38. [38] H. Moriyama, A. Sagara, S. Tanaka, R.W. Moir, D.K. Sze; Molten salts in fusion nuclear technology; Fusion Eng. Des., 39–40 (1998), pp. 627–637
39. [39] J. Takeuchi, S. Satake, R. Miraghaie, K. Yuki, T. Yokomine, T. Kunugi, N.B. Morley, M.A. Abdou; Study of heat transfer enhancement/suppression for molten salt flows in a large diameter circular pipe; Fusion Eng. Des., 81 (1) (2006), pp. 601–606
40. [40] M. Sheikholeslami, M. Gorji-Bandpay, D.D. Ganji; Magnetic field effects on natural convection around a horizontal circular cylinder inside a square enclosure filled with nanofluid; Int. Comm. Heat Mass Transfer, 39 (2012), pp. 978–986
41. [41] M. Sheikholeslami, R. Ellahi; Three dimensional mesoscopic simulation of magnetic field effect on natural convection of nanofluid; Int. J. Heat Mass Transfer, 89 (2015), pp. 799–808
42. [42] M. Sheikholeslami, M.M. Rashidi; Effect of space dependent magnetic field on free convection of Fe3O4–water nanofluid; J. Taiwan Inst. Chem. Eng. (2015)
43. [43] M. Sheikholeslami, D.D. Ganji; Entropy generation of nanofluid in presence of magnetic field using Lattice Boltzmann Method; Physica A, 417 (2015), pp. 273–286
44. [44] M. Sheikholeslami, D.D. Ganji; Ferrohydrodynamic and Magneto-hydrodynamic effects on ferrofluid flow and convective heat transfer; Energy, 75 (2014), pp. 400–410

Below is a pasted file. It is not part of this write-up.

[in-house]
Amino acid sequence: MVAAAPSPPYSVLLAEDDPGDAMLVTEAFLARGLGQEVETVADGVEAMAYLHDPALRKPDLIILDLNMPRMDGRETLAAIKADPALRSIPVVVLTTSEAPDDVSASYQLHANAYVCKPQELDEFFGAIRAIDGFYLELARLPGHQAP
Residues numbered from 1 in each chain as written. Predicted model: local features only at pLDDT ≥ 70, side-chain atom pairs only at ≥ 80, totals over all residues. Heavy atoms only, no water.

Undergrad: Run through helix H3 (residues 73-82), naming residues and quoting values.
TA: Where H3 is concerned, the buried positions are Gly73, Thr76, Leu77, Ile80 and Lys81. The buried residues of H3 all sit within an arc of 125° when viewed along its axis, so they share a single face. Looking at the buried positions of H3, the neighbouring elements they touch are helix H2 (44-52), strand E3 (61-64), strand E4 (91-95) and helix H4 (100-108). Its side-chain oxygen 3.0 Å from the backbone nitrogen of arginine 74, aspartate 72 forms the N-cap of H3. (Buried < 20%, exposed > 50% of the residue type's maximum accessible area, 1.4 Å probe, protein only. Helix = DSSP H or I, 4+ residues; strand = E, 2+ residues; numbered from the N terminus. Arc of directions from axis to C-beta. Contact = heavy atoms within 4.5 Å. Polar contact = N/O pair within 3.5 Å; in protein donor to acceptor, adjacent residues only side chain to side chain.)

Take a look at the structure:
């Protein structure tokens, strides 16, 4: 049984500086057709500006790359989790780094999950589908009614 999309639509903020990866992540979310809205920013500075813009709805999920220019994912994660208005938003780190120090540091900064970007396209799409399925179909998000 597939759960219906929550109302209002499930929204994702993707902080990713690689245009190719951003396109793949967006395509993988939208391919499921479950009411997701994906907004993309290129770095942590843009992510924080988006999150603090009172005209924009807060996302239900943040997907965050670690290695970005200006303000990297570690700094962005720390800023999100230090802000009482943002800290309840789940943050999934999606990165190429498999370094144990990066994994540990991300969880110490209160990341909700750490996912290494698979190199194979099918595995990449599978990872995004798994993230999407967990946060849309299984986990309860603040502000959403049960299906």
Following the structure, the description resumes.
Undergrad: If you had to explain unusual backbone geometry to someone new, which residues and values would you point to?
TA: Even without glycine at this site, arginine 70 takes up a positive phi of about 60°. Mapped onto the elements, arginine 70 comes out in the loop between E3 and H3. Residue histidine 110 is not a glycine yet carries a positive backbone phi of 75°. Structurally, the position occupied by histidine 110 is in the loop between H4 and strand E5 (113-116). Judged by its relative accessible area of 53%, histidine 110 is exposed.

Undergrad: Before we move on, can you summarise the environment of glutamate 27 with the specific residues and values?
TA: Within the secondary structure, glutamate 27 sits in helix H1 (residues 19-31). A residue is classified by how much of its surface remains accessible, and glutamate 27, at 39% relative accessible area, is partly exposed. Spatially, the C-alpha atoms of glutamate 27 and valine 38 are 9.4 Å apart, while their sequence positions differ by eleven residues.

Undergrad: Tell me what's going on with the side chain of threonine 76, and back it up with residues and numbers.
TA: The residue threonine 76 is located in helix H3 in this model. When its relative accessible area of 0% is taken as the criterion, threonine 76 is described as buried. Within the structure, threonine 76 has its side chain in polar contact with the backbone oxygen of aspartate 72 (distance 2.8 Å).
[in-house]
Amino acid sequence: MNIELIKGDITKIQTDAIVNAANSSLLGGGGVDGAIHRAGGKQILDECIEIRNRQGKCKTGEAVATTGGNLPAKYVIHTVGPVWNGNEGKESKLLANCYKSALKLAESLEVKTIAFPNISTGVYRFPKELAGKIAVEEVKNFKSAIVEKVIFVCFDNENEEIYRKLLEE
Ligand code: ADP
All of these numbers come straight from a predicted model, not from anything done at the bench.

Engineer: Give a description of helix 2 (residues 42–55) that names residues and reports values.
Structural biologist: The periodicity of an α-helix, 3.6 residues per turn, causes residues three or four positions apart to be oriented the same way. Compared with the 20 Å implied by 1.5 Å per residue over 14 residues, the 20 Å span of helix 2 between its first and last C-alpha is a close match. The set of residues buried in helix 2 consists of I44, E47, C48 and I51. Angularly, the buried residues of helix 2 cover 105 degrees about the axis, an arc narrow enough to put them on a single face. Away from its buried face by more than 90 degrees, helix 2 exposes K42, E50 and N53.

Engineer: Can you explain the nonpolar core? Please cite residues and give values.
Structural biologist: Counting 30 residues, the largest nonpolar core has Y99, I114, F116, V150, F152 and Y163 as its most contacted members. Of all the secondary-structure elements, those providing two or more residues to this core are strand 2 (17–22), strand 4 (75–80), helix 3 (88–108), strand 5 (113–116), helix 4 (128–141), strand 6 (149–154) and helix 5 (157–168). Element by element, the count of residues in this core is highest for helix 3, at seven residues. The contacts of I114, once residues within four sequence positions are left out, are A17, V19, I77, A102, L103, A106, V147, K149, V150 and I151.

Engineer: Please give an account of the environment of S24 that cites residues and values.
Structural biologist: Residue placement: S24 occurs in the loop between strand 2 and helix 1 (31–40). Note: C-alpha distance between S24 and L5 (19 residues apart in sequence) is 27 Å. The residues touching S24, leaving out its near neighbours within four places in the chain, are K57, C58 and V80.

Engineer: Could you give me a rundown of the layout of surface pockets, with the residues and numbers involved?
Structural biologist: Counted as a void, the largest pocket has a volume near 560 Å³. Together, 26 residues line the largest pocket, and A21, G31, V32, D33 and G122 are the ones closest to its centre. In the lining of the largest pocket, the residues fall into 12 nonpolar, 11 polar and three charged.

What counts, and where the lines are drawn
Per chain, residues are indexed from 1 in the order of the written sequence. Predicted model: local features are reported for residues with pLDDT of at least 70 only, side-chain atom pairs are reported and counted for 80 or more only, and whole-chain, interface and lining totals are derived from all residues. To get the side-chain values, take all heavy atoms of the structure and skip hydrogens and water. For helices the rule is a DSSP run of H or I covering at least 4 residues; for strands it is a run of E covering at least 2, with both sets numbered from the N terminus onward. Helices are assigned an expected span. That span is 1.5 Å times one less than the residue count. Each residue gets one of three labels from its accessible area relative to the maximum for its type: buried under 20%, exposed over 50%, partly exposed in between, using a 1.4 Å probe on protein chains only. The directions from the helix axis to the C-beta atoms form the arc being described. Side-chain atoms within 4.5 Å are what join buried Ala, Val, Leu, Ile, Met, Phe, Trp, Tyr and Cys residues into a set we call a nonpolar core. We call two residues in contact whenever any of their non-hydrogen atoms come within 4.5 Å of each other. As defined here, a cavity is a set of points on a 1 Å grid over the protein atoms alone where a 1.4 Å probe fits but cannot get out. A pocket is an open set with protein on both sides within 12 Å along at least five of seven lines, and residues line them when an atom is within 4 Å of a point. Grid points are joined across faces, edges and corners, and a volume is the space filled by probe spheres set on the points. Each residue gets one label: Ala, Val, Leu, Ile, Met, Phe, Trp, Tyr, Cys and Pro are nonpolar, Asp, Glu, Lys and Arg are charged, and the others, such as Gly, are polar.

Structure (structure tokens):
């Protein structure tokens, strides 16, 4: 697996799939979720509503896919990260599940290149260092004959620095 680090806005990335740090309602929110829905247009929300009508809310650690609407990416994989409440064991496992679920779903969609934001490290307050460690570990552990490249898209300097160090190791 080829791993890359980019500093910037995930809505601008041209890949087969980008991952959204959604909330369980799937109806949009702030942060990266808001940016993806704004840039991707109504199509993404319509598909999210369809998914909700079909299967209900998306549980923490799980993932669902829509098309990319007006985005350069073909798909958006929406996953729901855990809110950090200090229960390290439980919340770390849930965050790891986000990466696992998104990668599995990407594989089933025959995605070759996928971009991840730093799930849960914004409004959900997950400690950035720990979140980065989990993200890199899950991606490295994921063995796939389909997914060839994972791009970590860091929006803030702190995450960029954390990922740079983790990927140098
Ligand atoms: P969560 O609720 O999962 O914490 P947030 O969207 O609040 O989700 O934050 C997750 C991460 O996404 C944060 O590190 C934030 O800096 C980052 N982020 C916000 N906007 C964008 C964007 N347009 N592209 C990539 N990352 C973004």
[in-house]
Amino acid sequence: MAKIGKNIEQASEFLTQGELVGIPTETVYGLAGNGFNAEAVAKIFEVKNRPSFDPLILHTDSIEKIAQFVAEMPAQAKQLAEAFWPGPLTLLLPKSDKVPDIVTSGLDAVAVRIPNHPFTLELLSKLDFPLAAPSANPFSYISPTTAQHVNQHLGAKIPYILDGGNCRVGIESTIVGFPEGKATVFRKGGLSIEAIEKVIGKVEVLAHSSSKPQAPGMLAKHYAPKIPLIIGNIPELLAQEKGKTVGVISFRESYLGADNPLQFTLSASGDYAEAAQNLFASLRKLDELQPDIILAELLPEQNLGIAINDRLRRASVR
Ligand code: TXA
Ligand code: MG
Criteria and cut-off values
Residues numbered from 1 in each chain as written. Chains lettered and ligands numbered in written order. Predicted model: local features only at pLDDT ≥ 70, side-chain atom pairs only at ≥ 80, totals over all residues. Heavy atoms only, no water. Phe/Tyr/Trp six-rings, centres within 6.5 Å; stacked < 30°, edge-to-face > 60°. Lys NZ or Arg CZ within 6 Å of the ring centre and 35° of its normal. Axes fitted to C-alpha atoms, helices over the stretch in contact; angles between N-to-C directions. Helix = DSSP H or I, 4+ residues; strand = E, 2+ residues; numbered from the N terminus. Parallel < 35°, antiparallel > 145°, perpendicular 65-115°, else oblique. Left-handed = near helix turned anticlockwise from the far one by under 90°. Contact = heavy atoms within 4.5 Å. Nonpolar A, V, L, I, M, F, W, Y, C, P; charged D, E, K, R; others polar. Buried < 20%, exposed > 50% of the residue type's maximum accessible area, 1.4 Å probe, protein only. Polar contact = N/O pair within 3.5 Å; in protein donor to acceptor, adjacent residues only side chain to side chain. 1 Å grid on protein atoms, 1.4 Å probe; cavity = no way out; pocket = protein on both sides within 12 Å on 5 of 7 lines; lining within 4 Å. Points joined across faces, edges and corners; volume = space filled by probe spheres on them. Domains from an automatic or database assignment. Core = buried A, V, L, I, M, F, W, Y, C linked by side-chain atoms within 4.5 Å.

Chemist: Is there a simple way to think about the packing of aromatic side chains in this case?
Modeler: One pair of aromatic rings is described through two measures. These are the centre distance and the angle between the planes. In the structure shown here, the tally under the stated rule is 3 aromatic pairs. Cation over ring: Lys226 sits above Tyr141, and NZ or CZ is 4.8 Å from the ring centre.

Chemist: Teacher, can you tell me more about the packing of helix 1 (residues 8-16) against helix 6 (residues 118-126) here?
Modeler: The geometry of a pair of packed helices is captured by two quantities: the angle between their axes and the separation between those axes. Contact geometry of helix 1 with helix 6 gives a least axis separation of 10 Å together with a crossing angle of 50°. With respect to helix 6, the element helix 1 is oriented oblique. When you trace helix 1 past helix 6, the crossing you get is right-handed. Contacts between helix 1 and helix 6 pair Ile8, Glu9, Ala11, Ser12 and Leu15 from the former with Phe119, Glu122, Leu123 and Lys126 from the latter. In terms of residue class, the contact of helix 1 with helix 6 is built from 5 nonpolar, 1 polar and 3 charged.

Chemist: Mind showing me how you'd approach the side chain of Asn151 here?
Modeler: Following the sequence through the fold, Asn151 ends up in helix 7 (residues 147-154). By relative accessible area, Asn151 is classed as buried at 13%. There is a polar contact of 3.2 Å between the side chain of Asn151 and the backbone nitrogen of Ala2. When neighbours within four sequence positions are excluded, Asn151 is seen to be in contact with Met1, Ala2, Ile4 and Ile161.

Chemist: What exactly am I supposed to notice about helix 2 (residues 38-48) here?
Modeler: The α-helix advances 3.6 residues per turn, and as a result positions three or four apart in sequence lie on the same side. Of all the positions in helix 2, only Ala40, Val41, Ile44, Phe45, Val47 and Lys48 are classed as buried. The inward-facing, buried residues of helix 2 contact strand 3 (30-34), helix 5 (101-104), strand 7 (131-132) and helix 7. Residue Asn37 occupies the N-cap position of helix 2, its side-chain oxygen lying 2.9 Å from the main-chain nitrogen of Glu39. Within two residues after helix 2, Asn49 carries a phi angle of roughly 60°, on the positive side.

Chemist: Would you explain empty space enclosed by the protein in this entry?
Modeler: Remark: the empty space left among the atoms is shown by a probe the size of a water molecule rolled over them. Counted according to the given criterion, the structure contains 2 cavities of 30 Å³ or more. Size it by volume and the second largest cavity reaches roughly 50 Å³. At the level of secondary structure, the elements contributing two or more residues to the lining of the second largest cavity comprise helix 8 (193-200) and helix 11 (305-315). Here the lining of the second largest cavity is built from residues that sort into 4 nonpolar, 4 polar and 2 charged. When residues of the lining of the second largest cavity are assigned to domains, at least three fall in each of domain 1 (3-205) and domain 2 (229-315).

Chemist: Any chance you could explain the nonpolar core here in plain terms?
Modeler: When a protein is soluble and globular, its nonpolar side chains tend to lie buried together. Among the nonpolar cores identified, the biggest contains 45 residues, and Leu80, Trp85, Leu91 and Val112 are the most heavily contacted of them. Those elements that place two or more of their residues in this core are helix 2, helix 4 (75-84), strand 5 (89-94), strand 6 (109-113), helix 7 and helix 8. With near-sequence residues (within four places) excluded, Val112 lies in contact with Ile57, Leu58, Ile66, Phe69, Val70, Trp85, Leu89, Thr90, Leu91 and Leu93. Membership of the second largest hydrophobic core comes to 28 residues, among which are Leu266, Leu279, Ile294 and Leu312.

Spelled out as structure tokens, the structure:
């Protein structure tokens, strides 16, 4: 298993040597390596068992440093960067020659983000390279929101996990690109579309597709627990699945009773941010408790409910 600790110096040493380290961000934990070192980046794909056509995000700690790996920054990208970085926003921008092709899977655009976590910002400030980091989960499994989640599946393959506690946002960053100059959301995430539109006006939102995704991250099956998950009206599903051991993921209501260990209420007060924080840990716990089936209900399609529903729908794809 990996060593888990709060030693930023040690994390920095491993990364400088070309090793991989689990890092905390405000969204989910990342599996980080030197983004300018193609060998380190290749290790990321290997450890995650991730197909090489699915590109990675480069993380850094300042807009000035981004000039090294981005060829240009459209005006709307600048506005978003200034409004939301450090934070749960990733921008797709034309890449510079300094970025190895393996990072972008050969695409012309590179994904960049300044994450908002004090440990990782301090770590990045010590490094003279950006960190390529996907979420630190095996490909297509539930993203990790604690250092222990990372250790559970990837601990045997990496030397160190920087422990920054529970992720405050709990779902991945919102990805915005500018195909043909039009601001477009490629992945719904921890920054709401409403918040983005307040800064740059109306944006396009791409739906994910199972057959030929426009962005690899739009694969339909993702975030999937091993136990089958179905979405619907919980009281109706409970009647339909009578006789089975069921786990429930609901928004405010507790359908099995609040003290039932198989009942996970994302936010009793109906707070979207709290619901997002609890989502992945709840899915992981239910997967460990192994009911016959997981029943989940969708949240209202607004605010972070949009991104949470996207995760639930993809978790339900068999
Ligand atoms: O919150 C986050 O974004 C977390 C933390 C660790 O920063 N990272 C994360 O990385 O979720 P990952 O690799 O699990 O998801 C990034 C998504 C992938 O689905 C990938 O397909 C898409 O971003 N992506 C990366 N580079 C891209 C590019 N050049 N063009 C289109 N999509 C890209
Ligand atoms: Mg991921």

45. [45] M. Sheikholeslami, D.D. Ganji, M.Y. Javed, R. Ellahi; Effect of thermal radiation on magnetohydrodynamics nanofluid flow and heat transfer by means of two phase model; J. Magn. Magn. Mater., 374 (2015), pp. 36–43
46. [46] M. Sheikholeslami, S. Abelman; Two phase simulation of nanofluid flow and heat transfer in an annulus in the presence of an axial magnetic field; IEEE Trans. Nanotechnol., 14 (3) (2015), pp. 561–569
47. [47] M. Sheikholeslami, D.D. Ganji; Nanofluid flow and heat transfer between parallel plates considering Brownian motion using DTM; Comput. Methods Appl. Mech. Engrg., 283 (2015), pp. 651–663
48. [48] J. Ho; Characteristic study of MHD pump with channel in rectangular ducts; J. Marine Sci. Technol., 15 (4) (2007), pp. 315–321
49. [49] A. Shahidian, M. Ghassemi, R. Mohammadi; Effect of nanofluid properties on magnetohydrodynamic pump (MHD); Adv. Mater. Res., 403–408 (2012), pp. 663–669
50. [50] S. Qian, H.H. Bau; Magneto-hydrodynamics based microfluidics; Mech. Res. Commun., 36 (1) (2009), pp. 10–21
51. [51] A. Shahidian, M. Ghassemi, S. Khorasanizade, G. Ahmadi; Flow analysis of non-newtonian blood in a magnetohydrodynamic pump; IEEE Trans. Magn., 45 (6) (2009), pp. 2667–2670

### Document information

Published on 12/04/17

Licence: Other

### Document Score

0

Views 57
Recommendations 0